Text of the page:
SPEED-READ #3: Thinking, Fast and Slow

Today we look at "Thinking, Fast and Slow" by Daniel Kahneman

SPEED-READ #3: Thinking, Fast and Slow

Every month we like to share with you one ‘speedread’… we all feel time poor these days, for some that means not reading at all but for others it means not wasting time on a book that’s not right for you. Have a scan below and see what you can pick up – it may tip you over to Amazon and get this book in the post!

Thinking, Fast and Slow is a best-selling book published in 2011 by Nobel Memorial Prize in Economic Sciences laureate Daniel Kahneman. The author focuses on a separation between two modes of thought:

"System 1" is fast, instinctive and emotional;

"System 2" is slower, more deliberative, and more logical.

He then continues to explain their impacts on daily decisions and why we value human judgement so highly. It’s very interesting to look at why we think the way we do, why we make decisions the way we do and why humans struggle in our own heads. Sounds familiar? Read on...

The Systems: 1 & 2

Basically we always form thoughts in two different ways: Fast and Slow.

The author conducts a series of experiments to show how differently the two systems perform given the same input. Thanks to these two systems and his experiments, he explains how decisions are made, why we all make mistakes and how we can improve ourselves.

What does this really mean for you today?

-        Our mind is lazy and will lead us to errors and affect our intelligence

Let’s take the bat and ball problem: If a baseball and a bat cost $1.10 together, and the bat costs $1.00 more than the ball, how much does the ball cost?

Most of us probably just answered $0.10, right?

Well it’s the wrong answer. The correct answer is $0.05. What happened was that your impulsive System 1 took control and automatically answered by relying on intuition. But it answered too fast. Usually, when faced with a situation it can’t comprehend, System 1 calls on System 2 to work out the problem, but in this specific problem, System 1 is tricked. It perceives the problem as simpler than it is, and incorrectly assumes it can handle it on its own. This shows our innate mental laziness. When we use our brain, we tend to use the minimum amount of energy possible for each task. This is known as the law of least effort. Because checking the answer with System 2 would use more energy, our mind won’t do it when it thinks it can just get by with System 1 .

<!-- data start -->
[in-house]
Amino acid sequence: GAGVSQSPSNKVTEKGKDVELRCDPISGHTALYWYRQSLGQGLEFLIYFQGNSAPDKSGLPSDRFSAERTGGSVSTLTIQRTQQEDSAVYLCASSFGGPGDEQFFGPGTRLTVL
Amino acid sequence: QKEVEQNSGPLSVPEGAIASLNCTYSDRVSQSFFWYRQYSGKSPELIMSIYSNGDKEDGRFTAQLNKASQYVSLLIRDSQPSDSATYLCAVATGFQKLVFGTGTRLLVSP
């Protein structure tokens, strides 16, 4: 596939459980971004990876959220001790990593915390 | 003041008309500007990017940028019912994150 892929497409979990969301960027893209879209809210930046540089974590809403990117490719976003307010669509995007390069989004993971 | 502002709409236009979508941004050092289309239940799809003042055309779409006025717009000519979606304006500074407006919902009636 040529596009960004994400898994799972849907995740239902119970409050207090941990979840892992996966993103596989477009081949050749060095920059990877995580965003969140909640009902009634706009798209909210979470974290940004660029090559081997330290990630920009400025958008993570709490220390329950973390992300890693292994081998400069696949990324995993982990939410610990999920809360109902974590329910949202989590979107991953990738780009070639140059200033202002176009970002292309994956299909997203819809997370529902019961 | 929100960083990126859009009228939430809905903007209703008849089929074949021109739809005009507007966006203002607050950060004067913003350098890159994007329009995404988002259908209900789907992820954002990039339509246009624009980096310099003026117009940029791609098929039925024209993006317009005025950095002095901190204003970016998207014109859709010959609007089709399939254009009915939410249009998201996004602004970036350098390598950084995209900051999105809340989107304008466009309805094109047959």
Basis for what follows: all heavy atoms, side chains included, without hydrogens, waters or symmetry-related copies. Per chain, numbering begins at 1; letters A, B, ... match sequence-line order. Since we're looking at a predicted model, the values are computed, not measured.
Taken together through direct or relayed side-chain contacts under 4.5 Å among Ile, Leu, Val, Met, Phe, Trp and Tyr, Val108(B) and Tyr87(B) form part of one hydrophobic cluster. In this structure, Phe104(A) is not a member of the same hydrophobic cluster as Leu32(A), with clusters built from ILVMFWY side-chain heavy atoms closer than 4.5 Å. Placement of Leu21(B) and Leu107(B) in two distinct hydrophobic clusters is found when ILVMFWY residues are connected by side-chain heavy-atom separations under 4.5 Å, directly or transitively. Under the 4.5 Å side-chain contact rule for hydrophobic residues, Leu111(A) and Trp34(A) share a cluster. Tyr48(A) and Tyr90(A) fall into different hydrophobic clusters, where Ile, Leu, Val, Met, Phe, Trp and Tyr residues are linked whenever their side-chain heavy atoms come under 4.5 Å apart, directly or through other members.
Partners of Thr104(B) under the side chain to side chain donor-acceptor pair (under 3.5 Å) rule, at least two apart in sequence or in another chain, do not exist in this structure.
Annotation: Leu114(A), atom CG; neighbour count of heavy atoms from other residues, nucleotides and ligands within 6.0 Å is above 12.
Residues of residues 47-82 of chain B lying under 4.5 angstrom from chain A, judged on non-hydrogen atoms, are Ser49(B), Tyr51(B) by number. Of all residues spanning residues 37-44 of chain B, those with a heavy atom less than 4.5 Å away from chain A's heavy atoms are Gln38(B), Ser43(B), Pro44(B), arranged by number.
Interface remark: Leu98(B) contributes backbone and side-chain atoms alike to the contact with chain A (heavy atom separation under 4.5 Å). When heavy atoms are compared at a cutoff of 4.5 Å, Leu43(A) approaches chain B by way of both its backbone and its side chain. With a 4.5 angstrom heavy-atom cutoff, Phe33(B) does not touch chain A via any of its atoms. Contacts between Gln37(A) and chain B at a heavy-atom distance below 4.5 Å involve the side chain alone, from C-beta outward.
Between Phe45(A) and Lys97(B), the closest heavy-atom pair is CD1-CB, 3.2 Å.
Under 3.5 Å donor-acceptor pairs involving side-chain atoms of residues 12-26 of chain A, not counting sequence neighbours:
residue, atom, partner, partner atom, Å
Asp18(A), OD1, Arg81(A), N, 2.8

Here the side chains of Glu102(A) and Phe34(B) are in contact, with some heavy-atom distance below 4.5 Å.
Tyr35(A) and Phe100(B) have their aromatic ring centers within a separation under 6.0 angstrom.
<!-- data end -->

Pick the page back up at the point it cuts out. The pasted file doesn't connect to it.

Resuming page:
- The mind makes quick choices, even when it lacks enough information to make a rational decision

This is particularly interesting to understand customer behavior perception as a Brand Ambassador.

Let’s imagine that we’re all going to a party. There you meet Brian, who we find very easy to talk to. Later, someone asks if you know anybody who might want to contribute to their charity. You think of Brian, even though the only thing you know about him is that he is easy to talk to. In other words, you liked one aspect of Brian’s character, and so you assumed you would like everything else about him. We often approve or disapprove of a person even when we know little about them.

Our brains often tend to oversimplify situations for which it doesn’t have enough information. This is known as the Halo effect: positive feelings about Brian’s approachability cause us to place a halo on Brian, even though we know very little about him.

Have you used the ‘Halo effect’ to positively pre- judge a customer? Or flip it on its head, have you prejudged someone negatively on little basis?

If you want to learn more on how your brain works, try this quick test based on the book: https://www.vanityfair.com/news/2011/12/kahneman-quiz-201112 and let us know what you think #speedreadba #alwayslearning.